A federal grand jury indicted the man and two alleged co-conspirators who allegedly shot at prominent Albuquerque Democrats’ homes in late 2022 this week.
Former Republican state house candidate Solomon Peña and alleged co-conspirators Demetrio Trujillo and Jose Louise Trujillo were charged on counts including conspiracy, interference with federally protected activities and using and carrying a firearm during and in relation to a violent crime, possessing a firearm in furtherance of such crime and aiding and abetting in all but the conspiracy count.
U.S. District Judge Kea W. Riggs unsealed the federal court documents on May 31.
In 2022, Peña ran for the state House District 14 seat against incumbent Democrat Miguel Garcia. Garcia won the race with 74 percent of the vote to Peña’s 26 percent.
“Refusing to accept his electoral defeat, Peña organized a shooting spree that targeted the homes of four elected officials and their families,” court records state.
The shootings took place between Dec. 4 , and Jan. 3.
Peña allegedly “carried out the shootings with the knowing and willful assistance of Demetrio Trujillo, Jose Louise Trujillo, and others, who assisted Peña in securing vehicles and firearms, including one machine gun, for the purpose of firing upon the homes of the elected officials, and, for some of the shootings, pulled the trigger themselves to fire bullets into the homes of the victims,” court records state.
In January, reports of shots being fired at prominent Albuquerque Democrats’ homes came out. These shootings were at the homes of Bernalillo County Commissioner Adriann Barboa, then-Bernalillo County Commissioner Debbie O’Malley, state Sen. Linda Lopez and state Rep. Javier Martinez. State Sen. Anthony “Moe” Maestas’ law office and Attorney General Raúl Torrez’s campaign headquarters also reported shootings.
The shootings at Maestas’ law office and Torrez’s campaign headquarters were not part of the Peña conspiracy, according to law enforcement.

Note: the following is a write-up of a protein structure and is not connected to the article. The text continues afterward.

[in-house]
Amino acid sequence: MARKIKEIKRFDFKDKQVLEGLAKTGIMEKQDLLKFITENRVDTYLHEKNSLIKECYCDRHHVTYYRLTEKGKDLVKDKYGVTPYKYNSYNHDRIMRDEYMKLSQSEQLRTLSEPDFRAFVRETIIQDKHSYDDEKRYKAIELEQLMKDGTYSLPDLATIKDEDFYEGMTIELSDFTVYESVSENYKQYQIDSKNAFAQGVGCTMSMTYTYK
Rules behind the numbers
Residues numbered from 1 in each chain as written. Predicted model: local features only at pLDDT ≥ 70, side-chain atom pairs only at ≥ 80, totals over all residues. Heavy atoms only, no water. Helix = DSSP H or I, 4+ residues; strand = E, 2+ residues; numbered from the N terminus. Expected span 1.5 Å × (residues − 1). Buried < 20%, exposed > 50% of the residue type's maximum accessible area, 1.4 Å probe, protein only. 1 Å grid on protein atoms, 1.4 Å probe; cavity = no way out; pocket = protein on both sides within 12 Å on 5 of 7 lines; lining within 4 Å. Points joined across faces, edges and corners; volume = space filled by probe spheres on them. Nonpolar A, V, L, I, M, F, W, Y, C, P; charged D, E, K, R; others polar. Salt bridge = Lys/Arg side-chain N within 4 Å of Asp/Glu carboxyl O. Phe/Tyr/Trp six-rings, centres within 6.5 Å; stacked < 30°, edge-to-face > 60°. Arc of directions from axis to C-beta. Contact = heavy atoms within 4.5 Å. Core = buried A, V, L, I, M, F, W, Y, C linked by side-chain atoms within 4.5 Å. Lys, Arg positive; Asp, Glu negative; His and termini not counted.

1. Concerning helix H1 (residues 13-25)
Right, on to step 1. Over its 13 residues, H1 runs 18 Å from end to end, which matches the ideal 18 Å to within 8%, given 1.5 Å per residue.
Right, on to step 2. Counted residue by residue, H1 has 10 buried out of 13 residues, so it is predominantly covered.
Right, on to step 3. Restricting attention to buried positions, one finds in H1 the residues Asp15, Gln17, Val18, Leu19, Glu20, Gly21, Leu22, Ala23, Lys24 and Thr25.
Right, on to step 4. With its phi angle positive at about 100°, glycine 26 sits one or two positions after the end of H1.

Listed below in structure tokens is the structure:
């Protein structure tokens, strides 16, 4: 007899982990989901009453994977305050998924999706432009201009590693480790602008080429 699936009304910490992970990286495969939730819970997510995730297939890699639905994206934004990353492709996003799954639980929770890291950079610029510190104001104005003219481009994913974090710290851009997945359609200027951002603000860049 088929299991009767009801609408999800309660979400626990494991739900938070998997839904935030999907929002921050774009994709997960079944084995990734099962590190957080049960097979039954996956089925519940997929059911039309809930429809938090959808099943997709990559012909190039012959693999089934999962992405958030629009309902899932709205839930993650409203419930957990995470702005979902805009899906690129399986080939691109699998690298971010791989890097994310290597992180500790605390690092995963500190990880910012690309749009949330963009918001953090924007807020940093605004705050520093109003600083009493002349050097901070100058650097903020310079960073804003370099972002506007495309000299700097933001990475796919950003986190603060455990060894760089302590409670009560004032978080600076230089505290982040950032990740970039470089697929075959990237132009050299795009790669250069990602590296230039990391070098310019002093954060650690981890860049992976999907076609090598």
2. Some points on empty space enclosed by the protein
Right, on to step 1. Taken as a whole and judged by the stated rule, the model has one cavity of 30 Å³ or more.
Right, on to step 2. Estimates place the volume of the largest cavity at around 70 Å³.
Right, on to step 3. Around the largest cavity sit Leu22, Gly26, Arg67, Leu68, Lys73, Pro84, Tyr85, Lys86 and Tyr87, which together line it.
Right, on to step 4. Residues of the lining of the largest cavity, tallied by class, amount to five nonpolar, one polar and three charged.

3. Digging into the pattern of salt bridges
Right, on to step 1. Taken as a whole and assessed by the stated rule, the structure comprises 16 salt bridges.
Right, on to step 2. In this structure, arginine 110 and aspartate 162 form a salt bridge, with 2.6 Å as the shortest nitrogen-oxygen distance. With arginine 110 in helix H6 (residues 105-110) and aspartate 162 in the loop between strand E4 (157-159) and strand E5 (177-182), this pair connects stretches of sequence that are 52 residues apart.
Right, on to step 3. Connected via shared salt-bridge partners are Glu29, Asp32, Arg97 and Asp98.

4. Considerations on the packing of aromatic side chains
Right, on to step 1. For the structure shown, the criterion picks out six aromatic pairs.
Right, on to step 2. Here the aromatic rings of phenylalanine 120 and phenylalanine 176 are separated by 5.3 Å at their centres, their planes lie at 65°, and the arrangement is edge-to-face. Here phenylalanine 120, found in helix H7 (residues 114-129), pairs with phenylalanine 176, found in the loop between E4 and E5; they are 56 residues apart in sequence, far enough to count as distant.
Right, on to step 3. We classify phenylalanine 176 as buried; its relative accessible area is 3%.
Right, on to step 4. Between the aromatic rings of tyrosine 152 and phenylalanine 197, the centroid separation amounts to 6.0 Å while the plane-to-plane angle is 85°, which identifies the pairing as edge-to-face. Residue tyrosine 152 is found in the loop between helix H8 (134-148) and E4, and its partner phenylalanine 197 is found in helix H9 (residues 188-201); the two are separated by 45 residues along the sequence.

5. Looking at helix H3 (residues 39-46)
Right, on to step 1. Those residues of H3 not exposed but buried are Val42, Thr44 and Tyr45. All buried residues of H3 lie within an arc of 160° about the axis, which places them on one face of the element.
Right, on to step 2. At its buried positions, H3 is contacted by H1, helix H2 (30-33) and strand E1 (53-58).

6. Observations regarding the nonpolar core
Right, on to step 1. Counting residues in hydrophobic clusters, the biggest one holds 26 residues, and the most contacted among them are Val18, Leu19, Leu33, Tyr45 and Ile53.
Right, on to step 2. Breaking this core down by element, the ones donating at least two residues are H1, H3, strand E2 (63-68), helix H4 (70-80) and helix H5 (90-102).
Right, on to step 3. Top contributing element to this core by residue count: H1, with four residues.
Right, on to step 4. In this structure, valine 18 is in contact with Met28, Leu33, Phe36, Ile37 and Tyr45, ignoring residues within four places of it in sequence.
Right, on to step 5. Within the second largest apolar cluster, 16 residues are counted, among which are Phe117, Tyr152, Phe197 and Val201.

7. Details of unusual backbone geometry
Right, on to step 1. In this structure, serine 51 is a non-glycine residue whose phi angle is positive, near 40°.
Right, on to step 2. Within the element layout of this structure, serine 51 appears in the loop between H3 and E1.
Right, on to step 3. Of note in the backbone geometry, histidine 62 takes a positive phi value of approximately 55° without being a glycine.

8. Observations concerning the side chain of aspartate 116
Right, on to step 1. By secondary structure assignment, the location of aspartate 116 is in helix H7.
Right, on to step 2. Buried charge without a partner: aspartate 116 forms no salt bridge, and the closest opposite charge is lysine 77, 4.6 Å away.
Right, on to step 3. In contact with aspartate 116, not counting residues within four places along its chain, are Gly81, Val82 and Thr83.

Peña was on the Nov. 8 general election ballot which he lost by a 1-to-3 margin. The Bernalillo County Commission in its capacity as the county canvass board certified the election results on Nov. 21.
According to court records, Peña, the Trujillos and possibly others were in contact between Nov. 12 and Jan. 3 planning the shootings.
The way the alleged conspirators went through with the shootings included obtaining vehicles, including allegedly stealing them, allegedly making arrangements as to who would be in the conspiracy and how they would be paid, allegedly coordinating the conspiracy’s actions including meeting and shootings via text messages, phone calls and in-person meetings, allegedly obtaining, moving and concealing firearms including a machine gun and allegedly shooting at victims’ vehicles and residences, court records state.
One of the people listed in the grand jury indictment was a “CANDIDATE 1” who was the Republican candidate for state House District 11 seat, according to the Secretary of State’s website, this was Lisa Meyer-Hagen who ran against current District 11 Rep. Javier Martinez, who currently serves as the house speaker. Meyer-Hagen has not been charged with a crime
“On or about November 13, 2022, Peña sent a text message to (Meyer-Hagen)… with the following text: ‘We have to press the attack. They want us to become hopeless and give up,’” court records state.